Considering the City is in the process of building a new 10,000 seat arena on the National Western Center campus, I doubt we’d want to build a new 18,000 seat arena right next door.
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  #7189  
Old Posted Oct 21, 2019, 7:34 PM
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^ That’s ok Corey I’m happy we corresponded on here.
Just recently I happened to think of you a couple of times wondering how you were doing and if you'd come back around so it's nice to see you.

This site has enough A-holes like me so its always nice to have someone who is always pleasant.

BTW, aside from the Nuggets, Kings are my next favorite NBA team. They are tons of fun to watch.
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  #7190  
Old Posted Oct 21, 2019, 8:10 PM
laniroj laniroj is offline
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Originally Posted by bunt_q View Post
Considering the City is in the process of building a new 10,000 seat arena on the National Western Center campus, I doubt we’d want to build a new 18,000 seat arena right next door.
Which is exactly why the Kronk might just up and leave with TWO teams...thankfully Denver is a good sports market, so we have that going for us.
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  #7191  
Old Posted Oct 21, 2019, 8:58 PM
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FYI, the Pepsi Center was privately financed and built - but not by Kroenke.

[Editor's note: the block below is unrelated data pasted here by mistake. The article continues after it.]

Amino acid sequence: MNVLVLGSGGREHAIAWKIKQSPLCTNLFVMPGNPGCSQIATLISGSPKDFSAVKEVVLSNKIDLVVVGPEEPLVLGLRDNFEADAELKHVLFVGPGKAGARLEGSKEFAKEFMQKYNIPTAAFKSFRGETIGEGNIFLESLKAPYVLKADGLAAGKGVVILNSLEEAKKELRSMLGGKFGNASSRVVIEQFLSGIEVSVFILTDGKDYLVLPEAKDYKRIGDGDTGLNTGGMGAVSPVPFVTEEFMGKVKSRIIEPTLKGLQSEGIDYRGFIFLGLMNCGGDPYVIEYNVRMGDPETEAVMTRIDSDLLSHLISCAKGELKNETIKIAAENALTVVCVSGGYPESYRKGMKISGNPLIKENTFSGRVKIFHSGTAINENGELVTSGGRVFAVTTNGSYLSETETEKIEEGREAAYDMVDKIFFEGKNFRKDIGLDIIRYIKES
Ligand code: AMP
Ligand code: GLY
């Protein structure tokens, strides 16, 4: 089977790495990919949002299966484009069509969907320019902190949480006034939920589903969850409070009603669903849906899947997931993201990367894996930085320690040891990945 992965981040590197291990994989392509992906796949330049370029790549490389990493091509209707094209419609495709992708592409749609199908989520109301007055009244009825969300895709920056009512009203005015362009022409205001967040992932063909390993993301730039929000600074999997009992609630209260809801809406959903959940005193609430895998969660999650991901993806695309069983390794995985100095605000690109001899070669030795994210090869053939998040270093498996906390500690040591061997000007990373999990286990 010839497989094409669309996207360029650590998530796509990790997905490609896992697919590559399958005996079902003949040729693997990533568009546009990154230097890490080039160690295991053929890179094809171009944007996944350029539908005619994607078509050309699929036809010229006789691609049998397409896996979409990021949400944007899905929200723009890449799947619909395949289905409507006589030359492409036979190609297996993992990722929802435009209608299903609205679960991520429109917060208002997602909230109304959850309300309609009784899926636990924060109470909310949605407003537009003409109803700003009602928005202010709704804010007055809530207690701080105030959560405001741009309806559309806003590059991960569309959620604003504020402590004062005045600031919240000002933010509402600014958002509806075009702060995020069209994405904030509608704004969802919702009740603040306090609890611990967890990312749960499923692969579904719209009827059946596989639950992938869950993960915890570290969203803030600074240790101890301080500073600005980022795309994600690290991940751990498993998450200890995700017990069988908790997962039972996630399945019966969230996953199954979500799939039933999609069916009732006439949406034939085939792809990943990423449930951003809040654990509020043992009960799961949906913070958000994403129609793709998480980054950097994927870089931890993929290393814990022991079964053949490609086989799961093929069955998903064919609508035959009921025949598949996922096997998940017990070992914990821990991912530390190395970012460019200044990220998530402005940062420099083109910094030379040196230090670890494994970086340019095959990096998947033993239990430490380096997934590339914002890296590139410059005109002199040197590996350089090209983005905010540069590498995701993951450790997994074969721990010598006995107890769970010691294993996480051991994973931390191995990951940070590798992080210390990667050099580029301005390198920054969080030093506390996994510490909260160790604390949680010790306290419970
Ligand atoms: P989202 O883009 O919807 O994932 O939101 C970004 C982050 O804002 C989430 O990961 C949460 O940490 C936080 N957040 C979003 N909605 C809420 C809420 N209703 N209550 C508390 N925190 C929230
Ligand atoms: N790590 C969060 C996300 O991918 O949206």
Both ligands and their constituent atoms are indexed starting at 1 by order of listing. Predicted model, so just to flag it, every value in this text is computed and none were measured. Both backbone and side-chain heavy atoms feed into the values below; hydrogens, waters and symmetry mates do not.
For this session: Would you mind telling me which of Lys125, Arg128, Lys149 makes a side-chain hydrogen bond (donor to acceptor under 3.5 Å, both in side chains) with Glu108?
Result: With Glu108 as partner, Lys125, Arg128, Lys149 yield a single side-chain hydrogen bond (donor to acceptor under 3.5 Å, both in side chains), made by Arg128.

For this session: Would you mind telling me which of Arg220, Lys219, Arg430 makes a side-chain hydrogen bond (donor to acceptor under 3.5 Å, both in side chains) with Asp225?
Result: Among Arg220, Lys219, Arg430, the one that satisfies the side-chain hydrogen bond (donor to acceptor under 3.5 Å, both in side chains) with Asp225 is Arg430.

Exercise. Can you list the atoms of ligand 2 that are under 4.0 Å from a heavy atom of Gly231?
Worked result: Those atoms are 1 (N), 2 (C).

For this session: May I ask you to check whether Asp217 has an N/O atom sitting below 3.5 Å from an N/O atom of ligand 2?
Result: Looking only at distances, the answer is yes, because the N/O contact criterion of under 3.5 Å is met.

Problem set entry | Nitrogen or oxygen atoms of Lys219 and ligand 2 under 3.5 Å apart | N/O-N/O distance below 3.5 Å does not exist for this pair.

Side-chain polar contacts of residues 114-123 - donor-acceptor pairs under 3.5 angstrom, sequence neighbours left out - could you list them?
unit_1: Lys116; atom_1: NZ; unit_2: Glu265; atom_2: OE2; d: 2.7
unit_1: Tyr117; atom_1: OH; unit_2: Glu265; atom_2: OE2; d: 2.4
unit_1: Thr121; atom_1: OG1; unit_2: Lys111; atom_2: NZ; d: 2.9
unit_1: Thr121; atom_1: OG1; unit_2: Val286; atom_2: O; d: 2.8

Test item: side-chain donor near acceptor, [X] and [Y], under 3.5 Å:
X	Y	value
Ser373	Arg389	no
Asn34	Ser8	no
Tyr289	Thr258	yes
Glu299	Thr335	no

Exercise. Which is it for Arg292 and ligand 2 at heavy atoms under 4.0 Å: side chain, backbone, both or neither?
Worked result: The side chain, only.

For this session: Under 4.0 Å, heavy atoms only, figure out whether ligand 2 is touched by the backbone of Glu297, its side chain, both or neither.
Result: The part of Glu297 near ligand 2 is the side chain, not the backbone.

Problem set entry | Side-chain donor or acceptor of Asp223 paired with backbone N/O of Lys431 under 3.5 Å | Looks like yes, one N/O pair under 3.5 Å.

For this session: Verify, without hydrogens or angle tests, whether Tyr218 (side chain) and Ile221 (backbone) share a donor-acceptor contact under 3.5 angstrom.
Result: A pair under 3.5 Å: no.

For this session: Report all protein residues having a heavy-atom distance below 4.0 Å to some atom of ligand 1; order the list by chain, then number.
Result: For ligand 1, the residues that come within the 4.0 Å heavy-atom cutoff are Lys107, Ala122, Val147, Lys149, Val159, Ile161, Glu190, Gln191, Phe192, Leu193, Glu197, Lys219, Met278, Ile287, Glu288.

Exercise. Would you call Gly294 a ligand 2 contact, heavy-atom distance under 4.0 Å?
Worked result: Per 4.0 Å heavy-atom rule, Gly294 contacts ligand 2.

Plus, the fun link you provided demonstrates KSE is privately funding/building the new $5 billion Ram's Stadium so why would you think Kroenke would want to entangle himself with government funding and lots of messy stuff?

When the CPV site for the Pepsi Center was identified it was a fricken Superfund Site so an arrangement was worked out with Ascent Entertainment (now Liberty Media). https://renewdenver.org/projects/pepsi-center/

What deal was worked out between the parties?

Here's another interesting look-back. https://www.mortenson.com/sports/projects/pepsi-center

The CPV masterplan among other things shows 7th street as a primary connection between Auraria, Pepsi Center and Elitch's/River Mile. I don't doubt that at some point in time KSE will redevelop their land but I wouldn't hold my breath; it could easily be a decade or two.
It's true that Pepsi Center was built with private funds and it's certainly possible that any replacement would be built with private funds. But in pro sports, that's the exception and not the rule. If Kroenke would actually do that, then kudos to him (it was worth it in the lucrative LA market, not so sure the same logic applies to Denver).

The 30 year commitment was something I didn't' know about, good information. 30 years would be 2027 - so that might well be a potential timeline to be thinking about replacement (not that far off, given lead times).
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  #7192  
Old Posted Oct 21, 2019, 9:55 PM
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Originally Posted by CherryCreek View Post
It's true that Pepsi Center was built with private funds and it's certainly possible that any replacement would be built with private funds. But in pro sports, that's the exception and not the rule. If Kroenke would actually do that, then kudos to him (it was worth it in the lucrative LA market, not so sure the same logic applies to Denver).

The 30 year commitment was something I didn't' know about, good information. 30 years would be 2027 - so that might well be a potential timeline to be thinking about replacement (not that far off, given lead times).